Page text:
Open Access

When they talk about motherhood: a qualitative study of three groups’ perceptions in a Swedish child health service context

  • Erik Masao Eriksson1, 2Email author,
  • Kristin Eliasson1,
  • Andreas Hellström2,
  • Sylvia Määttä1 and
  • Lisa Vaughn3
International Journal for Equity in HealthThe official journal of the International Society for Equity in Health201615:99

https://doi.org/10.1186/s12939-016-0387-8

Received: 1 February 2016

Accepted: 20 June 2016

Published: 24 June 2016

Abstract

Background

In light of the growing emphasis on individualization in healthcare, it is vital to take the diversity of inhabitants and users into consideration. Thus, identifying shared perceptions among group members may be important in improving healthcare that is relevant to the particular group, but also perceptions of the staff with whom interactions take place. This study investigates how motherhood is perceived among three groups: Somali-born mothers; Swedish-born mothers; and nurses at Swedish child health centers. Inequities in terms of access and satisfaction have previously been identified at the health centers.

Methods

Participants in all three groups were asked to finalize two statements about motherhood; one statement about perfect motherhood, another about everyday motherhood. The responses were analyzed using qualitative coding and categorization to identify differences and similarities among the three groups.

Results

The responses to both statements by the three groups included divergences as well as convergences. Overall, biological aspects of motherhood were absent, and respondents focused almost exclusively on social matters. Working life was embedded in motherhood, but only for the Somali-born mothers. The three groups put emphasis on different aspects of motherhood: Somali-born mothers on the community; the Swedish-born mothers on the child; and the nurses on the mother herself. The nurses – and to some extent the Swedish-born mothers – expected the mother to ask for help with the children when needed. However, the Somali-born mothers responded that the mother should be independent, not asking for such help. Nurses, more than both groups of mothers, largely described everyday motherhood in positively charged words or phrases.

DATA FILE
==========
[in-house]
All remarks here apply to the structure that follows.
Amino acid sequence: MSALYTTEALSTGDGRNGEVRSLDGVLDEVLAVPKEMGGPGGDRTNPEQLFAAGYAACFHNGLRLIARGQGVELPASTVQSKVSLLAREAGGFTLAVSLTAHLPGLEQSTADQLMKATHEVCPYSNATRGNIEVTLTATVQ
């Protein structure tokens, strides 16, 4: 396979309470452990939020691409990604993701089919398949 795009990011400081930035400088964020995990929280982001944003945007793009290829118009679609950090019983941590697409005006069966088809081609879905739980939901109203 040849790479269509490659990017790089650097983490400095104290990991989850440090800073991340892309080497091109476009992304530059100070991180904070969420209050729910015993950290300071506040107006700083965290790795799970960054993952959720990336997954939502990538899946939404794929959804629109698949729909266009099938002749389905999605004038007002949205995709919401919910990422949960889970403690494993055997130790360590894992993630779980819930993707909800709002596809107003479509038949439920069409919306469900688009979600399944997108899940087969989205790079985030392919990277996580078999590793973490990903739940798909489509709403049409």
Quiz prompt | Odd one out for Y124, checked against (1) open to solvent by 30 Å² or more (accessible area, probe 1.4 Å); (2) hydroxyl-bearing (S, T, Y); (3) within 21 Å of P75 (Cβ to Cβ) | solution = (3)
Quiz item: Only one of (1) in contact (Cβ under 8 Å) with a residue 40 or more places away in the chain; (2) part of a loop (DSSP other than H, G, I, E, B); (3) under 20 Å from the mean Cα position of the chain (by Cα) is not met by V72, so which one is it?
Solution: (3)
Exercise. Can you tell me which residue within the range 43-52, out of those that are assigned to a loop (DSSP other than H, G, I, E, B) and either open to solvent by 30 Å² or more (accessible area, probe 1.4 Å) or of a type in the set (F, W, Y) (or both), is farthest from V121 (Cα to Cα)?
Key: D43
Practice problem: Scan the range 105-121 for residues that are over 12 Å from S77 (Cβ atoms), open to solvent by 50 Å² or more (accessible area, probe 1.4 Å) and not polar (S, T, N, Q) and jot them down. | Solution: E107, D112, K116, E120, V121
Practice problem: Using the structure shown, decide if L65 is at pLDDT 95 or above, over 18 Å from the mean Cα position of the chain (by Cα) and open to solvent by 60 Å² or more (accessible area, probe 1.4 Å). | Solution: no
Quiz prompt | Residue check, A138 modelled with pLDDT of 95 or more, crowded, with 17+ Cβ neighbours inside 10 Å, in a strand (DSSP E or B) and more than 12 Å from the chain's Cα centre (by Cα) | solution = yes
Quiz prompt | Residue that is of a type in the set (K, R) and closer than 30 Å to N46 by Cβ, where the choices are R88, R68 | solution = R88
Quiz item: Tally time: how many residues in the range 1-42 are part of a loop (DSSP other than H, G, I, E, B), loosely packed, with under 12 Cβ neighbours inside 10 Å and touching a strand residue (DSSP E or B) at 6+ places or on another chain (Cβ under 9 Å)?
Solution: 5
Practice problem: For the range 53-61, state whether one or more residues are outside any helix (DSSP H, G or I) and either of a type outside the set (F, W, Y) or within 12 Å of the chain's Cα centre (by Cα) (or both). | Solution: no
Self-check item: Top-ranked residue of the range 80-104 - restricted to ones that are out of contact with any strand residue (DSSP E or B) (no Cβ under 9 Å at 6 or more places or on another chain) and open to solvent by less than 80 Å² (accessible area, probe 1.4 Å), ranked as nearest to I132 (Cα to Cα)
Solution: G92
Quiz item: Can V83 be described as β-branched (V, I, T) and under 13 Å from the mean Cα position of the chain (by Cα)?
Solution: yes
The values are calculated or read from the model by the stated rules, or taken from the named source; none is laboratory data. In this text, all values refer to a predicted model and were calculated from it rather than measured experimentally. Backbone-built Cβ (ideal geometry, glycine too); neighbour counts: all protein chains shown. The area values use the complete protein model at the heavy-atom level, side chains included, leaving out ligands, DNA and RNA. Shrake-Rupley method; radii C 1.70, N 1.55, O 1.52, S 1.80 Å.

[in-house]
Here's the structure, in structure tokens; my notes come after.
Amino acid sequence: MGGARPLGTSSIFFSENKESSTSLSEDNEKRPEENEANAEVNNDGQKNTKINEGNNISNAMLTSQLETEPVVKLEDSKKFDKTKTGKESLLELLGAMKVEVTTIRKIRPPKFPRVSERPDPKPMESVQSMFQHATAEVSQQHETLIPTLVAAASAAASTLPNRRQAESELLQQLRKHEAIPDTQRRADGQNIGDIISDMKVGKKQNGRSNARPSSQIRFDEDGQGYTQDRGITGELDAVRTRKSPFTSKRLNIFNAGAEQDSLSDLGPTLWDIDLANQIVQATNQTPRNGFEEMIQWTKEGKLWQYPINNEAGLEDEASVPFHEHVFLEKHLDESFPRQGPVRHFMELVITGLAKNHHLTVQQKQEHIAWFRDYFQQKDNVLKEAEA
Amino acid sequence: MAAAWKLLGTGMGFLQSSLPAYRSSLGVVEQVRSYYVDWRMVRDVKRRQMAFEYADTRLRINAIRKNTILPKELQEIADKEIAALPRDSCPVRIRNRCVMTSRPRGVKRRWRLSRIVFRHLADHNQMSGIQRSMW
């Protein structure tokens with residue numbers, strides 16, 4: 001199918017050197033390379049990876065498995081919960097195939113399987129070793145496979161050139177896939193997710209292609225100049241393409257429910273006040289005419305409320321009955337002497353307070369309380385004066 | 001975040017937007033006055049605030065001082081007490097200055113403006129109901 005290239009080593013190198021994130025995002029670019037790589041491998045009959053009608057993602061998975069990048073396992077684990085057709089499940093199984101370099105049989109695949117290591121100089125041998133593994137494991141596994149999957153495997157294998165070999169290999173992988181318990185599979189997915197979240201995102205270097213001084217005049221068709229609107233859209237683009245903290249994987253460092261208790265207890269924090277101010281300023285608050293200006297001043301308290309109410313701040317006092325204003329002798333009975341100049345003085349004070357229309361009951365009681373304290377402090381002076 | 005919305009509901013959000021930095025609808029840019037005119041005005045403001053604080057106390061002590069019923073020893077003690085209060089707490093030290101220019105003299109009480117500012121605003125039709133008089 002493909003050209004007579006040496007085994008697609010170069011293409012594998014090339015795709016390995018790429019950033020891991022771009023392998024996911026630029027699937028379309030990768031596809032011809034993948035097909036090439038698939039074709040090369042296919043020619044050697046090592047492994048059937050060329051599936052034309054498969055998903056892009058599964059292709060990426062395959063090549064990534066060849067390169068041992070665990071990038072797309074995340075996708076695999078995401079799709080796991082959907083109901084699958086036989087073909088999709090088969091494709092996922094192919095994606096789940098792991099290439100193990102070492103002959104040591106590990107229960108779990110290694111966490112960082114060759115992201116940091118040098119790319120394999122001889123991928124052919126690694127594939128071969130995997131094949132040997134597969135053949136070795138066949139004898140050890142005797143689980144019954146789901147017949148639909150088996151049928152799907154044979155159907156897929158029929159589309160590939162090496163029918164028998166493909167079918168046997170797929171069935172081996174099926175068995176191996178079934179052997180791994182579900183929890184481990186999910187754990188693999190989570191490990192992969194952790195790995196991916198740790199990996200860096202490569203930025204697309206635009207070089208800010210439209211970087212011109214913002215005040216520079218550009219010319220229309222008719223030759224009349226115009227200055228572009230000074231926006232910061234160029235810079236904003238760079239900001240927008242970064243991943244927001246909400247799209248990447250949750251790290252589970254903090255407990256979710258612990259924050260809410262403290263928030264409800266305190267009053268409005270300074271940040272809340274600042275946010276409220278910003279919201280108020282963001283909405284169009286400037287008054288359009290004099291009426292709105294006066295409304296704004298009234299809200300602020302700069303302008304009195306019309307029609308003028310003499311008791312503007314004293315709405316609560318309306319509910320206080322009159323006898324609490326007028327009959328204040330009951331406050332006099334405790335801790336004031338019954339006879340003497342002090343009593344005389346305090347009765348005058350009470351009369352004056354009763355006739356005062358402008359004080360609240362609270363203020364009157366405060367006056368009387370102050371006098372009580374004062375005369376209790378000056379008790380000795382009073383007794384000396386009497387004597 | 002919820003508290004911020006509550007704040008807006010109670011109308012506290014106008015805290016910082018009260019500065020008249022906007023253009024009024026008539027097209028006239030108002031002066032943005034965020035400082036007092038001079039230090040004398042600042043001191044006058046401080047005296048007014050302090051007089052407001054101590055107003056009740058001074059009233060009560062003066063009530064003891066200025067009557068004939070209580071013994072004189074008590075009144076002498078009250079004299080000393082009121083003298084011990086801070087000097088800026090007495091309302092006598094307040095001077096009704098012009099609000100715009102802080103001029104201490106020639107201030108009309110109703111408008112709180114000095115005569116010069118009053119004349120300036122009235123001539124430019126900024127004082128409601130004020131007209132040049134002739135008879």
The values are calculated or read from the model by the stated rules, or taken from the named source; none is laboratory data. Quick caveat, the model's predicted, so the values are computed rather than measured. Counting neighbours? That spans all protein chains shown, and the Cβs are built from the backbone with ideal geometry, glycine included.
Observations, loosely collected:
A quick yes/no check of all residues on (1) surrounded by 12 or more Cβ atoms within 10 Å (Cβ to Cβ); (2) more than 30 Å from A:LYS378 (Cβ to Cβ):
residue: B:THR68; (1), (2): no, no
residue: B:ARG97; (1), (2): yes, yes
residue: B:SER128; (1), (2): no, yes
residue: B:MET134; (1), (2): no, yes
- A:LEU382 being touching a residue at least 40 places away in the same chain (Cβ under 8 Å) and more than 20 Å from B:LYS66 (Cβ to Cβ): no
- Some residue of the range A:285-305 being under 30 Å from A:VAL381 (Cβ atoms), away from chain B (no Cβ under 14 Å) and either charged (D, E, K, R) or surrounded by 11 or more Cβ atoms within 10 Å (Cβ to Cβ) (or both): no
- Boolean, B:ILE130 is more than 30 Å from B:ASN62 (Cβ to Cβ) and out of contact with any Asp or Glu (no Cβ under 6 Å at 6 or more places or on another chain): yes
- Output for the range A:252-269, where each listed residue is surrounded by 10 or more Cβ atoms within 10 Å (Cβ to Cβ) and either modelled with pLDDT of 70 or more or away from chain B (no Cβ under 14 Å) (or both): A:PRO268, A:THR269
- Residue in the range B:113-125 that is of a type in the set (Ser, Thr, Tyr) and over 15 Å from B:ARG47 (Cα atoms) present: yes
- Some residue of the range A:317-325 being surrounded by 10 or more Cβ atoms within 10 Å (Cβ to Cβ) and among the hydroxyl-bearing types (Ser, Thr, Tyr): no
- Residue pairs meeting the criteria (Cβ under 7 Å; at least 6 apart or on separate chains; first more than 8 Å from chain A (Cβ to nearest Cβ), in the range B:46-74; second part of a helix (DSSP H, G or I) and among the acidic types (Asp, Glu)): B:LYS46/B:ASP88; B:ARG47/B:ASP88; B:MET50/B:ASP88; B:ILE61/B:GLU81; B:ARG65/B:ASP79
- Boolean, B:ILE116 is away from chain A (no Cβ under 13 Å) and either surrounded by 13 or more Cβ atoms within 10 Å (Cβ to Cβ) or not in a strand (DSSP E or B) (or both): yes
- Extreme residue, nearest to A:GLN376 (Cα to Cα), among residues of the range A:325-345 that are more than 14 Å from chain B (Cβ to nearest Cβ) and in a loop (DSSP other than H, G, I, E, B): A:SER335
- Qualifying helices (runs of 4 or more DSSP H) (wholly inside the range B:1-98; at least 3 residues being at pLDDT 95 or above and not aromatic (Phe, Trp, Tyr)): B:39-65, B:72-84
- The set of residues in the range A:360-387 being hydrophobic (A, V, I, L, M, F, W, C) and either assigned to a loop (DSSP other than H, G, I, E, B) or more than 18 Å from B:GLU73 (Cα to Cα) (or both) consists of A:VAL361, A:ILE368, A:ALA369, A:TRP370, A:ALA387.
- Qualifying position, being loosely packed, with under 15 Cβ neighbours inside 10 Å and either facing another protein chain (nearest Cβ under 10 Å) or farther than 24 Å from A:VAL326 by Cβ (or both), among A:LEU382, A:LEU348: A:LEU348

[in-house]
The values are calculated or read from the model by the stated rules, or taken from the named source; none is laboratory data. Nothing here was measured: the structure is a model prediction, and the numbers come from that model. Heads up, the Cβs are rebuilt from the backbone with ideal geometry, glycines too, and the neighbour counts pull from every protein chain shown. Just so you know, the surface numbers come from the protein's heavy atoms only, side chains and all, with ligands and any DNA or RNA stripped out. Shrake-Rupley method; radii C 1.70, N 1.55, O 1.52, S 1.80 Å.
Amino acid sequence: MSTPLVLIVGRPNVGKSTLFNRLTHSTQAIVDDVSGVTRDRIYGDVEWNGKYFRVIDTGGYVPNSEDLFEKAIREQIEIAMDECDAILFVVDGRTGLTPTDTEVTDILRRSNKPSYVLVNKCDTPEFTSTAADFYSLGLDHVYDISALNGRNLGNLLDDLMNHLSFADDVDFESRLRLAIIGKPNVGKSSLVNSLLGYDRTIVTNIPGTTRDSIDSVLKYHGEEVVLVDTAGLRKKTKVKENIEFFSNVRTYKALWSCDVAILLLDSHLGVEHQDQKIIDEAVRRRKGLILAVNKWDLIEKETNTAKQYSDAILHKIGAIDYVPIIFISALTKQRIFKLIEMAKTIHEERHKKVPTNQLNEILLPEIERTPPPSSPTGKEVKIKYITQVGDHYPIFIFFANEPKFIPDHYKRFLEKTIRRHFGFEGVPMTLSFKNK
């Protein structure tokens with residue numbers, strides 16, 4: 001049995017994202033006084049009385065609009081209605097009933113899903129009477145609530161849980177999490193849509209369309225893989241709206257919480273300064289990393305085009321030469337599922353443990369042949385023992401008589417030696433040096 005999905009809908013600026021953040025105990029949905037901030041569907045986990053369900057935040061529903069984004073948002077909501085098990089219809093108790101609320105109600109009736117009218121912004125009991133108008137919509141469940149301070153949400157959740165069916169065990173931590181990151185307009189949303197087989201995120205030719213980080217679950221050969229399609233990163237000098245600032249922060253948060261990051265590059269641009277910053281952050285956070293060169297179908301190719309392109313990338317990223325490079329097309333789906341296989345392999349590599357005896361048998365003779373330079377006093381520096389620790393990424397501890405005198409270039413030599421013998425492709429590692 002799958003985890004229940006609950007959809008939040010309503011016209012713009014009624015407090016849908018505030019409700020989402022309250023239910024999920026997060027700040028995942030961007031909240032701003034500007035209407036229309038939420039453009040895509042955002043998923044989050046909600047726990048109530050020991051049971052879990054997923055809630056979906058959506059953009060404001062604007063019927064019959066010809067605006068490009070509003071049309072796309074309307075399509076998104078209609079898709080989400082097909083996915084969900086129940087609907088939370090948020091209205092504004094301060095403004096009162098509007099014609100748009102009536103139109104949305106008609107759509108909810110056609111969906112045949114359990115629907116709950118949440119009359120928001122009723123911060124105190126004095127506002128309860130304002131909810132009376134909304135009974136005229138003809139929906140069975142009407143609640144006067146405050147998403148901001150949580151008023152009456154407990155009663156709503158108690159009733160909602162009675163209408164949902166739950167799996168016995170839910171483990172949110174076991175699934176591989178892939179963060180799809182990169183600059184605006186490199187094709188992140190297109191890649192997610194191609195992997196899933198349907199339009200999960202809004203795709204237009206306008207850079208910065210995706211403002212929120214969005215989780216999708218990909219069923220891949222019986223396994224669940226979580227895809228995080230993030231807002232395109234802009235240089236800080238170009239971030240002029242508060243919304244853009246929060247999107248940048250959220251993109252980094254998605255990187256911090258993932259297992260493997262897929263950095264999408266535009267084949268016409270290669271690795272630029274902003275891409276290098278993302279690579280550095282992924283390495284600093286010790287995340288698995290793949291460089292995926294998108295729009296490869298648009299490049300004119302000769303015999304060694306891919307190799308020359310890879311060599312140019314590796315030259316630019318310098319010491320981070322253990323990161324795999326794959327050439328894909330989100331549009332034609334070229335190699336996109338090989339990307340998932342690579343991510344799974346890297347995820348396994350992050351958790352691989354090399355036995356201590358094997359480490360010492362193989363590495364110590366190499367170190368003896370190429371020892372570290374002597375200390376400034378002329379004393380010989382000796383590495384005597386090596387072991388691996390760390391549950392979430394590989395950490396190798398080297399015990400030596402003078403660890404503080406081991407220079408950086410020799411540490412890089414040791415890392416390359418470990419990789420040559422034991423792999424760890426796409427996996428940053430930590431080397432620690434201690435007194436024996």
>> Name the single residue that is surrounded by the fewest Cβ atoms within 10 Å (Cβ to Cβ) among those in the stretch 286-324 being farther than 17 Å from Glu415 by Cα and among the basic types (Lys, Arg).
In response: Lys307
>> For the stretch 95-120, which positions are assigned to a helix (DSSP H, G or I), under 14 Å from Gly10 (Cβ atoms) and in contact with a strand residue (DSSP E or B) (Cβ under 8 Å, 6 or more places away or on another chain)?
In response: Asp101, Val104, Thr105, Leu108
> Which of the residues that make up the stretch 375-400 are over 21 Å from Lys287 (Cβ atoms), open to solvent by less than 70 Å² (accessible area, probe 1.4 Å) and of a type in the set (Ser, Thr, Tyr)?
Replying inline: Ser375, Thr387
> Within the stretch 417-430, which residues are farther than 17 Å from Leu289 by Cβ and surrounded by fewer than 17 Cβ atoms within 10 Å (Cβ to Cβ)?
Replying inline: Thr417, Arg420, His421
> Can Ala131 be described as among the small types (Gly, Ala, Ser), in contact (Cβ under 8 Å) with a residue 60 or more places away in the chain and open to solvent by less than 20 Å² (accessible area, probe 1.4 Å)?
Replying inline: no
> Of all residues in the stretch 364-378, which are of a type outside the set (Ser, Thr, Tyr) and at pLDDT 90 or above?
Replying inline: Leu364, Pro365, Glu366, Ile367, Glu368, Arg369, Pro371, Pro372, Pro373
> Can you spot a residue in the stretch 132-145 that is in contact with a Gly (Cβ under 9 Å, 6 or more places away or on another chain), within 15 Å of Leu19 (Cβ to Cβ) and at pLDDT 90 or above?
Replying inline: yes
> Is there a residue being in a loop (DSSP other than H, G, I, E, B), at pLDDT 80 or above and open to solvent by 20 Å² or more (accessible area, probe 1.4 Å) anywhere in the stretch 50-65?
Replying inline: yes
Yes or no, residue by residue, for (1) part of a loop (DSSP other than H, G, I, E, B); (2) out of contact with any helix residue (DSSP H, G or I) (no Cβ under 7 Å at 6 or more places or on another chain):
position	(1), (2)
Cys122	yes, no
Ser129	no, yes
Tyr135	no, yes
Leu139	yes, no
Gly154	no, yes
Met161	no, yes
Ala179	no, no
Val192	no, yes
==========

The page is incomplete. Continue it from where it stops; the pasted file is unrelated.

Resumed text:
Conclusion

The findings of this paper suggest that convergences and divergences in perceptions of motherhood among three groups may be important in equitable access and utilization of healthcare. Individualized healthcare requires nuance and should avoid normative or stereotypical encounters by recognizing social context and needs that are relevant to specific groups of the population.

Keywords

MotherhoodChild healthSocial constructionUser perceptionsCountry of birthSweden

Background

In recent years, increased attention has been focused on concepts supporting the pivotal role of the individual’s perceptions in healthcare [13]. This focus has been accompanied and reinforced by the marketization of Western society and the prominence given to concepts of service management [4, 5]. In the 1980s, experts in the field of service quality argued for quality as a subjective perception, which varies from customer to customer [6]. The next decade saw an increased focus on the concept of value [7] as an individualized and even unique perception of the customer [8, 9].

Individualization in healthcare is often proclaimed in order to enhance the healthcare user’s position by becoming more participative and well-informed [10, 11], ranging from co-developing treatment plans to choosing healthcare providers [12, 13]. For multiple reasons, not all patients or inhabitants have the possibilities or prerequisites to be participative or well-informed [14, 15]. Barriers may be constituted due to language skills [16, 17], one’s economic situation [18], or long travelling distances [19]. Possibilities to be participative or well-informed may also be constrained by the provider’s normative or stereotypical expectations and perceptions [18]. For instance, Hedegaard et al. [10] found physicians to unconsciously be more amenable toward native Swedish-speaking than non-native speaking patients despite the latter group communicating more in align with “patient-centered care” (e.g. being well-informed, and actively asking questions). Stereotypes have also been reported in the setting of the current paper, the Swedish child health centers, in which “family” was heteronormatively assumed to consist of child, mother and father in information given to parents [18].